jimlux at earthlink.net
Tue Jun 21 14:29:20 UTC 2011
On 6/21/11 6:14 AM, dk4xp at arcor.de wrote:
> There is an excellent article about cordic on
So, in the "general case" where you might want to rotate by an arbitrary
angle at each time step, where the angle doesn't happen to be 1/2^n, you
still need either multiple shift/add operations, or a multiply add.
(i.e. it's no different than longhand multiplication... it takes N
(optional) adds to multiply by an N bit precision number, or you
cleverly parallelize/pipeline it).
And, in a lot of applications, you'll need to still do a multiply by the
"gain" (product of all those cos phi) term you factored out
I can see that there could be advantages in implementation, but in the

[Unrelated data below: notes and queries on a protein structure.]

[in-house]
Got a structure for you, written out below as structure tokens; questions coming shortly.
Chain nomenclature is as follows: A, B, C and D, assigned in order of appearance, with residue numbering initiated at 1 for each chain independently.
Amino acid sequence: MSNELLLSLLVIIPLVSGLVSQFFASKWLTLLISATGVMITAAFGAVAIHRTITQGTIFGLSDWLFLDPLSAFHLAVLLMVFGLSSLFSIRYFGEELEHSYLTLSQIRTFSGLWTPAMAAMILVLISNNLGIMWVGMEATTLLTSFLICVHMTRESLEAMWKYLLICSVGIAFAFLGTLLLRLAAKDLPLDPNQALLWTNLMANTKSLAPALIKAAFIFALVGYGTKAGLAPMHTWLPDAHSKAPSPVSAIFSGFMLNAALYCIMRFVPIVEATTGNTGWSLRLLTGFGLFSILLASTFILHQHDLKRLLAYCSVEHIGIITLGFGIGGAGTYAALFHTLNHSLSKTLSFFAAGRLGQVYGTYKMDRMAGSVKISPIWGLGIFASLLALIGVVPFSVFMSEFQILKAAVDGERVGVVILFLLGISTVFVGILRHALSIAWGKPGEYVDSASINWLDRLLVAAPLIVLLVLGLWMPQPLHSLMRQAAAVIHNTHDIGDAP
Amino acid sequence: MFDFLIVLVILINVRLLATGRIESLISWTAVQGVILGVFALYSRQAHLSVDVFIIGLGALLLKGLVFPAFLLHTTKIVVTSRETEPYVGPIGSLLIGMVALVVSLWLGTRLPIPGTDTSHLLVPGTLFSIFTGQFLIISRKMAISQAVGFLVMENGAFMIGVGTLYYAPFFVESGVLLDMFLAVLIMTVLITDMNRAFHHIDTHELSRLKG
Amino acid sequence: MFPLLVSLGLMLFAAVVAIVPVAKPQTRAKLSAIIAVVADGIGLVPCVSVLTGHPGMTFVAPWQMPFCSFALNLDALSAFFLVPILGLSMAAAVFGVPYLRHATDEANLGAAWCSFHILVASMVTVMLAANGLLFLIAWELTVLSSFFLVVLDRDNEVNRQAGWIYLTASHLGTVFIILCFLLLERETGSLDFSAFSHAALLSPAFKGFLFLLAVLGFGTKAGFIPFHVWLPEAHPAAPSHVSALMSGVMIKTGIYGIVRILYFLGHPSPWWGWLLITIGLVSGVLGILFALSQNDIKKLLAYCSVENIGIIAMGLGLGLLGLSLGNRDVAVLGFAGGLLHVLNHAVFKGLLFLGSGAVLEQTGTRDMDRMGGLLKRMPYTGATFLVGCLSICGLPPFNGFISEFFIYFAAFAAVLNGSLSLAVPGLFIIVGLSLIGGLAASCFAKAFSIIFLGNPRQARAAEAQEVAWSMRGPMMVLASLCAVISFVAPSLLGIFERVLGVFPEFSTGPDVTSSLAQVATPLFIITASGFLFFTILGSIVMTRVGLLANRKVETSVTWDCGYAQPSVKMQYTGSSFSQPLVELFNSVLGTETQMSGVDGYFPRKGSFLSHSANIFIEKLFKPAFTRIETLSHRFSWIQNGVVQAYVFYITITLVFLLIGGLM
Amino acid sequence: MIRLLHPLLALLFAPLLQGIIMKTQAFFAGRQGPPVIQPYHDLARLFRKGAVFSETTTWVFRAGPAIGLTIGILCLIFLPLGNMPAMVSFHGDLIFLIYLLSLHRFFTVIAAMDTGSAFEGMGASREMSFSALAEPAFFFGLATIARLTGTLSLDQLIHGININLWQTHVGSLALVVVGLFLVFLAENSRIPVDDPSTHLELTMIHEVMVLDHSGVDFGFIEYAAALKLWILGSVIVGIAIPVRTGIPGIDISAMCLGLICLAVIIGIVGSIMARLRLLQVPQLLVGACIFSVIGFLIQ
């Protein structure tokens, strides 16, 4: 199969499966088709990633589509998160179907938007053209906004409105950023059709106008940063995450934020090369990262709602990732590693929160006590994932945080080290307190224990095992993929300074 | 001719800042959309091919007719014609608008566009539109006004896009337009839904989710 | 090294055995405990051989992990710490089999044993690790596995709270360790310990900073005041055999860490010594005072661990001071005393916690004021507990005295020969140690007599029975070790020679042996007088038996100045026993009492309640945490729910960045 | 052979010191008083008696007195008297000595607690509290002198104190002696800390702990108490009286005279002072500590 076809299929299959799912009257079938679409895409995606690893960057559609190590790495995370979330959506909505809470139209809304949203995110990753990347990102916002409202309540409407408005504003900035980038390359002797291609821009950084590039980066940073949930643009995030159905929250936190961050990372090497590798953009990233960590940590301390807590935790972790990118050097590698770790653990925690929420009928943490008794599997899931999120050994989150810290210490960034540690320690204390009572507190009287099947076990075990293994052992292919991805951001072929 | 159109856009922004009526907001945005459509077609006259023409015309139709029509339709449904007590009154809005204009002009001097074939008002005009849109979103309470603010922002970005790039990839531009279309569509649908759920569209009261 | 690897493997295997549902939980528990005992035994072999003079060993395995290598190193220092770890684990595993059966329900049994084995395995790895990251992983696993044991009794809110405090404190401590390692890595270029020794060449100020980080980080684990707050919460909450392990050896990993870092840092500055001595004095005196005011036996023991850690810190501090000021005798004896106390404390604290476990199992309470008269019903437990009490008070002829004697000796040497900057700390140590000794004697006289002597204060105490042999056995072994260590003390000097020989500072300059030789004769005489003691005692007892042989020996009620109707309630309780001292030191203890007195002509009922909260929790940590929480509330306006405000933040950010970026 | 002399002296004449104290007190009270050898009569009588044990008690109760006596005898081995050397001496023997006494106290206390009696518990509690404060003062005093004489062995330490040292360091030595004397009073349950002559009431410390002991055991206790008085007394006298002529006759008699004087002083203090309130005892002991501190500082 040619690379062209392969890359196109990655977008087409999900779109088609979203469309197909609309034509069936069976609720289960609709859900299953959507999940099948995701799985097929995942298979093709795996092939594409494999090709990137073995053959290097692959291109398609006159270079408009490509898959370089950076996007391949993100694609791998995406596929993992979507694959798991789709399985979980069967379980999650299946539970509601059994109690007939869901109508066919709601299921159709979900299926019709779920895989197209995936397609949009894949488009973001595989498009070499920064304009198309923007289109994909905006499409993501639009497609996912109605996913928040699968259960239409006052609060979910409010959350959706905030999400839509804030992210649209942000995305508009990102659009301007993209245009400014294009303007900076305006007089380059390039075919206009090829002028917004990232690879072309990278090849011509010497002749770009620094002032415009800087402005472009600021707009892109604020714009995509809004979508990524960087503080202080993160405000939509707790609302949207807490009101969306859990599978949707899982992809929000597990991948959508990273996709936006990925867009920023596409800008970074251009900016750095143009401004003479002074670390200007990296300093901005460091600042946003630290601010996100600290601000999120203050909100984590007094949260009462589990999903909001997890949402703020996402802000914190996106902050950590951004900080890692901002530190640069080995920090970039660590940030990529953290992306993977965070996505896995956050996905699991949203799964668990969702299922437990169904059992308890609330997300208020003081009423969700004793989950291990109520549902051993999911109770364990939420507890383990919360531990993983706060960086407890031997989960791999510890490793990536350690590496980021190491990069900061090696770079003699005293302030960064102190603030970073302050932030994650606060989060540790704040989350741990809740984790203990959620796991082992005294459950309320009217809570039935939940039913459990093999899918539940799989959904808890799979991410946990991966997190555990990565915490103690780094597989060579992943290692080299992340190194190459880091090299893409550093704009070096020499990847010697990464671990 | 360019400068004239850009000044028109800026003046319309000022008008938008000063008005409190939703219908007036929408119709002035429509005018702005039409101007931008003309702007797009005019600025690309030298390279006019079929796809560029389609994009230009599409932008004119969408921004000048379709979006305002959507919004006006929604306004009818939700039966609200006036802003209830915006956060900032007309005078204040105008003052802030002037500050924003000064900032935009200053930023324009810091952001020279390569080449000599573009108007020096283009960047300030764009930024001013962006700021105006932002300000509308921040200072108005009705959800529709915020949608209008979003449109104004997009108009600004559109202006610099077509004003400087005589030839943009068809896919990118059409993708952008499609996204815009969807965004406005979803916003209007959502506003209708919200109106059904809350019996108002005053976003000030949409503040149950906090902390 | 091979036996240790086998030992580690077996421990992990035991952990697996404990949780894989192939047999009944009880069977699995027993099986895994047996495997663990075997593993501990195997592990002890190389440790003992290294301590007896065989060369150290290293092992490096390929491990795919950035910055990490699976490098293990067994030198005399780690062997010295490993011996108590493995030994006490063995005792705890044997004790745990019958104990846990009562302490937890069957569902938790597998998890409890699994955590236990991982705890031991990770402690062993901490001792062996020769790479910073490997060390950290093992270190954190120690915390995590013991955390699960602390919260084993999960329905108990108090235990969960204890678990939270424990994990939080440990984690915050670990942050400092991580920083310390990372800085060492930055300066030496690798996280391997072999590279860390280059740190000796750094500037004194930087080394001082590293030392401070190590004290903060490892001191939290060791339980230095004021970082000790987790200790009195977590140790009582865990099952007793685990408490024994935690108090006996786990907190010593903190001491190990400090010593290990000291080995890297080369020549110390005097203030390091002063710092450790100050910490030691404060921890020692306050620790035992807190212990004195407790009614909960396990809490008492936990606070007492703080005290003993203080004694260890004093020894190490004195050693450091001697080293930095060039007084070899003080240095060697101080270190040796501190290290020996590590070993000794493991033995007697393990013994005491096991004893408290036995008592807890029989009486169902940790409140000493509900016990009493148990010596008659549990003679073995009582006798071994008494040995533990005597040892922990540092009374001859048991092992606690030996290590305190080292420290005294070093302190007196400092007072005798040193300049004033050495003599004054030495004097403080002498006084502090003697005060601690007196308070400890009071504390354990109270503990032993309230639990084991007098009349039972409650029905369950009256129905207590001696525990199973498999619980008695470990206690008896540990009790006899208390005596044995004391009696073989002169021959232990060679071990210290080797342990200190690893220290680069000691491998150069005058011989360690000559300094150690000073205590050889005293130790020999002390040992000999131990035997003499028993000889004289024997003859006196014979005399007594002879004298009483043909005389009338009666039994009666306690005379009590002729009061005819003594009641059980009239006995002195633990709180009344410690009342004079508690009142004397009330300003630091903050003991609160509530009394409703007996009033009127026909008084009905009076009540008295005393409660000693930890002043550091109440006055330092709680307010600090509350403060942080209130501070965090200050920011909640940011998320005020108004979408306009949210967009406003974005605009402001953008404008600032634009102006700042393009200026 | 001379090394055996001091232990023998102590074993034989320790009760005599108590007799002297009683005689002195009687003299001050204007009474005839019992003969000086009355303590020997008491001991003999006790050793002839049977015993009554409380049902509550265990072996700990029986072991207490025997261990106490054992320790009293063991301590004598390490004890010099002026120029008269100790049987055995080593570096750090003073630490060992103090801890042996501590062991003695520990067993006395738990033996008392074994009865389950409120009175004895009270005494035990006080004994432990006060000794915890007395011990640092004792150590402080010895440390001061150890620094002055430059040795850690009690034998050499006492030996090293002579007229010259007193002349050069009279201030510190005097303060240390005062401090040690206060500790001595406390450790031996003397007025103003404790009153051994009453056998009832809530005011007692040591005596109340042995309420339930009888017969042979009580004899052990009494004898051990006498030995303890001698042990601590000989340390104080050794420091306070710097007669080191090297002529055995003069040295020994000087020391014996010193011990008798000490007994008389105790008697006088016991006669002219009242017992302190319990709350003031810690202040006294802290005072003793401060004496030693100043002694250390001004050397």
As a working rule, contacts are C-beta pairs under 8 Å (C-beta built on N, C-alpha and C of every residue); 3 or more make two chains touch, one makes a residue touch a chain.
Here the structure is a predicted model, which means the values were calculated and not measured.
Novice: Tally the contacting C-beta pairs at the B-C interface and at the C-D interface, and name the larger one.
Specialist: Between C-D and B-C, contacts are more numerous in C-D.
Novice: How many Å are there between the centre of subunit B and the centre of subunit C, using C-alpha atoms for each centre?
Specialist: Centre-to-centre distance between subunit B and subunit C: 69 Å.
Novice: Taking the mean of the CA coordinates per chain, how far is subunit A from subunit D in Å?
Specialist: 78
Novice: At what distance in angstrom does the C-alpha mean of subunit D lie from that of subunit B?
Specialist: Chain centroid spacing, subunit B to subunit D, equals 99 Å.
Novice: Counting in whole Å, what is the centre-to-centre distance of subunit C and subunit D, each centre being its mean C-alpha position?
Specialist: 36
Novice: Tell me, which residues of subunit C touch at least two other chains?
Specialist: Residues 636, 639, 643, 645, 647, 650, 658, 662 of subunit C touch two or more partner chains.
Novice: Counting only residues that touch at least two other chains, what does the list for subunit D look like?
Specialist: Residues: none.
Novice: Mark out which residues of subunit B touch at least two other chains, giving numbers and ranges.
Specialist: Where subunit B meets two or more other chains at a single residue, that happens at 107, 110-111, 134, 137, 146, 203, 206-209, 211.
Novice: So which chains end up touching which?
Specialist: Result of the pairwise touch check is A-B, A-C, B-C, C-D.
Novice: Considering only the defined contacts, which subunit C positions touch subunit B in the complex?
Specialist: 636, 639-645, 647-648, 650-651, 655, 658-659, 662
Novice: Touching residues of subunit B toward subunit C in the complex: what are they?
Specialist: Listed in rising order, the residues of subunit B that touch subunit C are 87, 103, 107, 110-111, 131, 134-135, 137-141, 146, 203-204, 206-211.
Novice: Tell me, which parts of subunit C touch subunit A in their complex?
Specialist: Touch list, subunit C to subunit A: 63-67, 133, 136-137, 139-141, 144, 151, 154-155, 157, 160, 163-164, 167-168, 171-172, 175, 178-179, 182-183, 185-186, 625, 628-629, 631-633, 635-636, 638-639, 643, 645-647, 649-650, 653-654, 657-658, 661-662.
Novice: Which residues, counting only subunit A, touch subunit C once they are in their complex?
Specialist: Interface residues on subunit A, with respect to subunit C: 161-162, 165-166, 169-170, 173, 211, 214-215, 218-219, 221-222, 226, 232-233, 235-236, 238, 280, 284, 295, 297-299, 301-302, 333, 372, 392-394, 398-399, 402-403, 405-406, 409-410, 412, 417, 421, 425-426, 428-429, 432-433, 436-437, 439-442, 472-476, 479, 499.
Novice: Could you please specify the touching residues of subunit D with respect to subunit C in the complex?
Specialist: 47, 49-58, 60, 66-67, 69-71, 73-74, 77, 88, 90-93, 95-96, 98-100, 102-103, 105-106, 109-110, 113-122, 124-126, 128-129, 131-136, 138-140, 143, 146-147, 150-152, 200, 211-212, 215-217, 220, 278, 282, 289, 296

general case, is it actually that much more efficient?
(in a CPU with no multiply, yes, it's a lot better, because it's
essentially the same as doing long multiplication, but you get more done
for the same amount of work)
Maybe it's a "how many gates do you need for a given precision" sort of
thing? Or the fact that it generates sin/cos together (which is very
useful in some cases)
in a random "give me the cos(theta)" sort of situation (e.g. a
calculator), compared to computing the series expansion, clearly CORDIC
is the way to go.
But in a DDS, you're generating a continuous series of samples.
I'll have to think about it.
(and, because it's integrating a difference equation, CORDIC does have
the accumulating roundoff, unless you compute each sin/cos from scratch
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